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Europe Sees Increase in Hotel RevPARNovember 15, 2010 By: Jena Tesse Fox
Hoteliers in Europe have seen revenue per available room (revPAR) growth accelerate each month since December last year, with September posting the strongest yet, up 16.8 percent. This enabled the region to secure a 9.5 percent revPAR rise year-to-September to $87, compared to $78 during the same period in 2009. Occupancy was the main driver of growth, up 5.6 percent to 64.2 percent (60.8 percent in 2009) while average room rates declined slightly, falling just short of the $135 mark.
Commenting ahead of the Deloitte European Hotel Investment Conference in London on Wednesday, Alex Kyriakidis, global managing partner of Tourism Hospitality & Leisure at Deloitte, said: “The hotel industry has always mirrored the global economy and the past few years have been no different. As economic recovery in the emerging economies accelerates, Europe is growing albeit at a more sedate pace. This trend has also been apparent in the hotel industry, with European revPAR growth lagging recovery in Asia Pacific by 12 months. Although revPAR growth has been accelerating across the region since the end of last year, there is some way to go.”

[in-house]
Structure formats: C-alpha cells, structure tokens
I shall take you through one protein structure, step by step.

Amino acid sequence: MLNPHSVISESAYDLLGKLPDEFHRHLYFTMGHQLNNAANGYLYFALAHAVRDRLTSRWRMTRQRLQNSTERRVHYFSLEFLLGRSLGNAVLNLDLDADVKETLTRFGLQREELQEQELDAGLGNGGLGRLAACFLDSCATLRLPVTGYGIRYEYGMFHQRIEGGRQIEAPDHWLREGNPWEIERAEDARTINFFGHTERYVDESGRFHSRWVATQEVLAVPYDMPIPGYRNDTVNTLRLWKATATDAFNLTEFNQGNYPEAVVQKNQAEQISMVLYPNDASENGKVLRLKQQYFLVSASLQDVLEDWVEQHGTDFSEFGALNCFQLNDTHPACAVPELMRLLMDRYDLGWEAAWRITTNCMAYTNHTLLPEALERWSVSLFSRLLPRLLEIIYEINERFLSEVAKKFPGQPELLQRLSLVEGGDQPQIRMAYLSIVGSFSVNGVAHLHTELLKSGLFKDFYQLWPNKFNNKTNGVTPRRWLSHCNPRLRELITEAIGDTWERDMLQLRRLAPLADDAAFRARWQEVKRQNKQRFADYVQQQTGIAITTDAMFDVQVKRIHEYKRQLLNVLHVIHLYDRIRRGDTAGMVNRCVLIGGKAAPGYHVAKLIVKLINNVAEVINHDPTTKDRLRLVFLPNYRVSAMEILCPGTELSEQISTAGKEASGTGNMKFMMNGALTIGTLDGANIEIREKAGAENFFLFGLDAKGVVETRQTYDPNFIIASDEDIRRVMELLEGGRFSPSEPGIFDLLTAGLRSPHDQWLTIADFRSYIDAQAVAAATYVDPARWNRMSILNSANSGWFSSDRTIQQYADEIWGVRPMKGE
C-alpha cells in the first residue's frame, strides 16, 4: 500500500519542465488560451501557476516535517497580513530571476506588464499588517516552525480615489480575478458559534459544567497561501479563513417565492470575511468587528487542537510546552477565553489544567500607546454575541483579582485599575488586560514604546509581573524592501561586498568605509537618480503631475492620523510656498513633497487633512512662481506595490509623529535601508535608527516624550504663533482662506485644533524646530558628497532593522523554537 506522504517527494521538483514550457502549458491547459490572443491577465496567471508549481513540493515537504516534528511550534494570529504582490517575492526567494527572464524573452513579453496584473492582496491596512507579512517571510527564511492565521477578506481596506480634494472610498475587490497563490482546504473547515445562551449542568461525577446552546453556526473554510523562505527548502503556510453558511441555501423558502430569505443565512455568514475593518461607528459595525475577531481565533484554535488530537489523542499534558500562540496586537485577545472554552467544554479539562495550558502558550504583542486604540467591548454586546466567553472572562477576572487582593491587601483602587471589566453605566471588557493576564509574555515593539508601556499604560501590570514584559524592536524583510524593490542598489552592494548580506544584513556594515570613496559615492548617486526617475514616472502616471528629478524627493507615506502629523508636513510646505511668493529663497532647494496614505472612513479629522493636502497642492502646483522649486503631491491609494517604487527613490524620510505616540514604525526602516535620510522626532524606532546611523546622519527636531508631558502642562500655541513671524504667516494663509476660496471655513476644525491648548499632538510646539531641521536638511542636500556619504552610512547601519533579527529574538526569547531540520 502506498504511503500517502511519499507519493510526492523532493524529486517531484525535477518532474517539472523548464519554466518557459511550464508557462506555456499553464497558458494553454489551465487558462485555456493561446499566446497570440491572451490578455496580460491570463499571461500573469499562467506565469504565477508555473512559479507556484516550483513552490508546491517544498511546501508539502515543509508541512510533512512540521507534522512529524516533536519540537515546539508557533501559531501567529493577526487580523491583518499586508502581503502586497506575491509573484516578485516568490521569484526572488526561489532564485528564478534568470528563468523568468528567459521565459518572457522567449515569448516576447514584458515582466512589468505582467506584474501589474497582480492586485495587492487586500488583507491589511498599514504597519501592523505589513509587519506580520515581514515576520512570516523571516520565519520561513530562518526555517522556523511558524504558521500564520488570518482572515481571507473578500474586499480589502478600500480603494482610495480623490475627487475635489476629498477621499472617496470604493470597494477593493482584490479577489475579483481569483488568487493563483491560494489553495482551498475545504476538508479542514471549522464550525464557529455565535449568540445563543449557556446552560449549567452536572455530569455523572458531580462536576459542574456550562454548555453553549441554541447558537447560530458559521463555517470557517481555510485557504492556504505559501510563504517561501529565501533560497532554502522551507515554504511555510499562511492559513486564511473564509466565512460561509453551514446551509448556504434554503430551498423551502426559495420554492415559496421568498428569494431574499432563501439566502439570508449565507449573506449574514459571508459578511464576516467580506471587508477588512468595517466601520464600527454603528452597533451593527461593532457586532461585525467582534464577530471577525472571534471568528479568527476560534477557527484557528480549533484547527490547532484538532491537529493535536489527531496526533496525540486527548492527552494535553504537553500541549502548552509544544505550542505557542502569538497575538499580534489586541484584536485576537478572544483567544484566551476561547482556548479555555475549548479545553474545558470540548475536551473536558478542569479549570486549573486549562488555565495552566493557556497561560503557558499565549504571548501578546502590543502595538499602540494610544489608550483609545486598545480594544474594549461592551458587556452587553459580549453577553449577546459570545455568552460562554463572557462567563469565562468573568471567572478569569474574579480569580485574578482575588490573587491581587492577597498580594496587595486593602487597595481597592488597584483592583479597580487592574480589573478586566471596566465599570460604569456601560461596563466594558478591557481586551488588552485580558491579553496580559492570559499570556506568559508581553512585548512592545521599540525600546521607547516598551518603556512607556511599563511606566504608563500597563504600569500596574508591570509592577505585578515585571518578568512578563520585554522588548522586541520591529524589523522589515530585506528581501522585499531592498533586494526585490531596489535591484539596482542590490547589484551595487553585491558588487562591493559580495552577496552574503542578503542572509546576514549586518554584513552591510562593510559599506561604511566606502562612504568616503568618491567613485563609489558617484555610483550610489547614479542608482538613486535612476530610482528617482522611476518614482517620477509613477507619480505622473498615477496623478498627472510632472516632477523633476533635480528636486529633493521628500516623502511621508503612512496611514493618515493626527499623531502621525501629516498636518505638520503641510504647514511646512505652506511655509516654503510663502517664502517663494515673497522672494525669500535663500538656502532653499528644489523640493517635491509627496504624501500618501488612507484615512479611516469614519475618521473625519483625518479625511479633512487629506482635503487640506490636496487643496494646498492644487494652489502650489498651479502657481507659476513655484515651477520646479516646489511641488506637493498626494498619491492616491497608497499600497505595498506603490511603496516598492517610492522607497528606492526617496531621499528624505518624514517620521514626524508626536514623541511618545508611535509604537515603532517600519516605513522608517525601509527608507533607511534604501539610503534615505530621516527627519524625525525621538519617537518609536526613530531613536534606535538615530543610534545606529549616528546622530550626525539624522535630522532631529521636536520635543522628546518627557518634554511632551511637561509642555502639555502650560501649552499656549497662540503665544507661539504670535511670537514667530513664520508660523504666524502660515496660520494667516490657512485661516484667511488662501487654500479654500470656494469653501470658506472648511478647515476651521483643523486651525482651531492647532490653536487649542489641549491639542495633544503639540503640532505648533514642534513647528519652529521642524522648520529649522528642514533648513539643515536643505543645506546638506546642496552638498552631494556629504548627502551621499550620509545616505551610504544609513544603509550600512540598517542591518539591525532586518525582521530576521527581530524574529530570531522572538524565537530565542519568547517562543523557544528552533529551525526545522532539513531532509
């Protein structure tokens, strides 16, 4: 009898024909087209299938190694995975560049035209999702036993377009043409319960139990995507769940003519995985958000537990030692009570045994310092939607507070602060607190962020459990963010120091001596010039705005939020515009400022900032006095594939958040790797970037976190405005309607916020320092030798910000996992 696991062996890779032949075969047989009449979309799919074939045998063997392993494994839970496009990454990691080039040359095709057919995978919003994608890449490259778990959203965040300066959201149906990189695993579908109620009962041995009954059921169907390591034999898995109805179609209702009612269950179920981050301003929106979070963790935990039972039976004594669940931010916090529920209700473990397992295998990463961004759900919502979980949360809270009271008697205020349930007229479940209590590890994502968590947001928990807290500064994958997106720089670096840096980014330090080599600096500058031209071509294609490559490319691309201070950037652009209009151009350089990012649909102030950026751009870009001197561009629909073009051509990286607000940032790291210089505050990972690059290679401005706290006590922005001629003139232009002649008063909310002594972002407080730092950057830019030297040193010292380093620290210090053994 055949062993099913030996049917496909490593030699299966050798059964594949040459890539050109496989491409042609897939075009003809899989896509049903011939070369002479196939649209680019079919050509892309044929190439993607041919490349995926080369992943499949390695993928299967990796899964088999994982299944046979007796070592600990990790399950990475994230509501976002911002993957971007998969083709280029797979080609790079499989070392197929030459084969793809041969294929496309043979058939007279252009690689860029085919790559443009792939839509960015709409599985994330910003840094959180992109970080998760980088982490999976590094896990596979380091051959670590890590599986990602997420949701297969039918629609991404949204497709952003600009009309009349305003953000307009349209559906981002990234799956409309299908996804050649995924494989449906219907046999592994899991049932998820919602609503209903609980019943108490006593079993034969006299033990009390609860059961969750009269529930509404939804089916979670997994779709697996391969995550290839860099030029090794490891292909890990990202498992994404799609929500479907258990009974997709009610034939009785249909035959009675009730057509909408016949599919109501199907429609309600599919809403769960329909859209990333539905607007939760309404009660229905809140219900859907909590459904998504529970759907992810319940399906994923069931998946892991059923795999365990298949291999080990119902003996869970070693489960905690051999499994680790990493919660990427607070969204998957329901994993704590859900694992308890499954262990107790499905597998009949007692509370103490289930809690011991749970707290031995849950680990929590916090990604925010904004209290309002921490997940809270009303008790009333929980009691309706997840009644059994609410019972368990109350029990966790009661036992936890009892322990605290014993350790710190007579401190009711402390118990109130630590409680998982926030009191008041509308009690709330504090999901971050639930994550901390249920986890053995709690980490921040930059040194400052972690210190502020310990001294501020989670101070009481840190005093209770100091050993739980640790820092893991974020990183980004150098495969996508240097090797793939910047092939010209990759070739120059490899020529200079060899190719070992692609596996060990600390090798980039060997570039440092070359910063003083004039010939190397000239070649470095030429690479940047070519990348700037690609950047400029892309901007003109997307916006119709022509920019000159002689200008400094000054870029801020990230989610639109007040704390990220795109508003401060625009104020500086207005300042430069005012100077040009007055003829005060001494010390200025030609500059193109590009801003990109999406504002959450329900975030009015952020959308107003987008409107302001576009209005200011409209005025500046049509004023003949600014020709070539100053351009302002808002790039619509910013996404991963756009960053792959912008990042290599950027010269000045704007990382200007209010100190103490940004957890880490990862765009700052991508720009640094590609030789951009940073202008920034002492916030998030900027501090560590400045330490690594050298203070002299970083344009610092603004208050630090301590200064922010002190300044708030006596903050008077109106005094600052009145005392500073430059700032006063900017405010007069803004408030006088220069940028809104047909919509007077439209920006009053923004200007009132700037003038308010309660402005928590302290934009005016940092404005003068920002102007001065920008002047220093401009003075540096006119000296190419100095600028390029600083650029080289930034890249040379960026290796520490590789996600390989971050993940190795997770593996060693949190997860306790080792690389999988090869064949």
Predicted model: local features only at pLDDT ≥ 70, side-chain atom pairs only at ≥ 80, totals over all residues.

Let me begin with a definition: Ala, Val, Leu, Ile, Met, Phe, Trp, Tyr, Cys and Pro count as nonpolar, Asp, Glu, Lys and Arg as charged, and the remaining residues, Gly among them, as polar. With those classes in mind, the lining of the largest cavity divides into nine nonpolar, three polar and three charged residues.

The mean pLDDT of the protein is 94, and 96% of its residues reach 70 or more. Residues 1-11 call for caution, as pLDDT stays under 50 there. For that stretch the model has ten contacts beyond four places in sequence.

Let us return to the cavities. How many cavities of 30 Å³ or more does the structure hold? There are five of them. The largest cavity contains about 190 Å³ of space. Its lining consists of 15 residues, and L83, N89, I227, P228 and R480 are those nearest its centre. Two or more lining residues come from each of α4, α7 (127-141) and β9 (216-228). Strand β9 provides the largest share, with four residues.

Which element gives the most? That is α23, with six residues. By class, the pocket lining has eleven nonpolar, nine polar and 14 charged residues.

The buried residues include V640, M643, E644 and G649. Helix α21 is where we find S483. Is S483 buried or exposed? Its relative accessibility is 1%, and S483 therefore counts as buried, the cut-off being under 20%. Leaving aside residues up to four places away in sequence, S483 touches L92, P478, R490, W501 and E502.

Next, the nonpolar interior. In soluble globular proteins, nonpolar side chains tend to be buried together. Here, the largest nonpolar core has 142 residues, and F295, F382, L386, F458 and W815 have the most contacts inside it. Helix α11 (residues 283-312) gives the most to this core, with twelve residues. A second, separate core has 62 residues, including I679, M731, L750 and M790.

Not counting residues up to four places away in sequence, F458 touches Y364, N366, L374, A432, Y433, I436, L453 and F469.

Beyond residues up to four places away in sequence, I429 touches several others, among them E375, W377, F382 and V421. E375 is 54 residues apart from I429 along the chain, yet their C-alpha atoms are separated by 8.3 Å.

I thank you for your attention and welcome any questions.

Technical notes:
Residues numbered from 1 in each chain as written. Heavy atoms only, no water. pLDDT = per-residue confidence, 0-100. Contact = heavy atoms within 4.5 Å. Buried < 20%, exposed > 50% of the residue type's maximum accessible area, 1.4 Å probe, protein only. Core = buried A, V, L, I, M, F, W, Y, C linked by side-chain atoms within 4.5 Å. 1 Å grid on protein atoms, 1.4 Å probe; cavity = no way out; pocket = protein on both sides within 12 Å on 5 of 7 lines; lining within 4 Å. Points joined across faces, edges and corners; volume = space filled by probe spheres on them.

Growth outside the Eurozone (in euros) posted double-digit growth of 11.2 percent to $88 year-to-September (compared to $78 in 2009). The Eurozone reported somewhat weaker growth, up 7.6 percent to $84($78 in 2009).
Cities in Germany stole the show in terms of performance, with Munich, Dusseldorf and Frankfurt each reporting revPAR growth in excess of 20 percent. Hoteliers in Germany have benefitted from the biennial trade fair cycle and many will have also seen a boost from the reduction in the rate of VAT on accommodation from the standard rate to 7 percent, introduced at the beginning of the year.
London hoteliers achieved the highest occupancy in Europe at 82.1 percent and saw revPAR leap 12.2 percent to $163 ($146 in 2009). The UK capital not only benefitted from it being a Farnborough Air Show year but also an influx in Arab travellers during the summer in the lead up to Ramadan.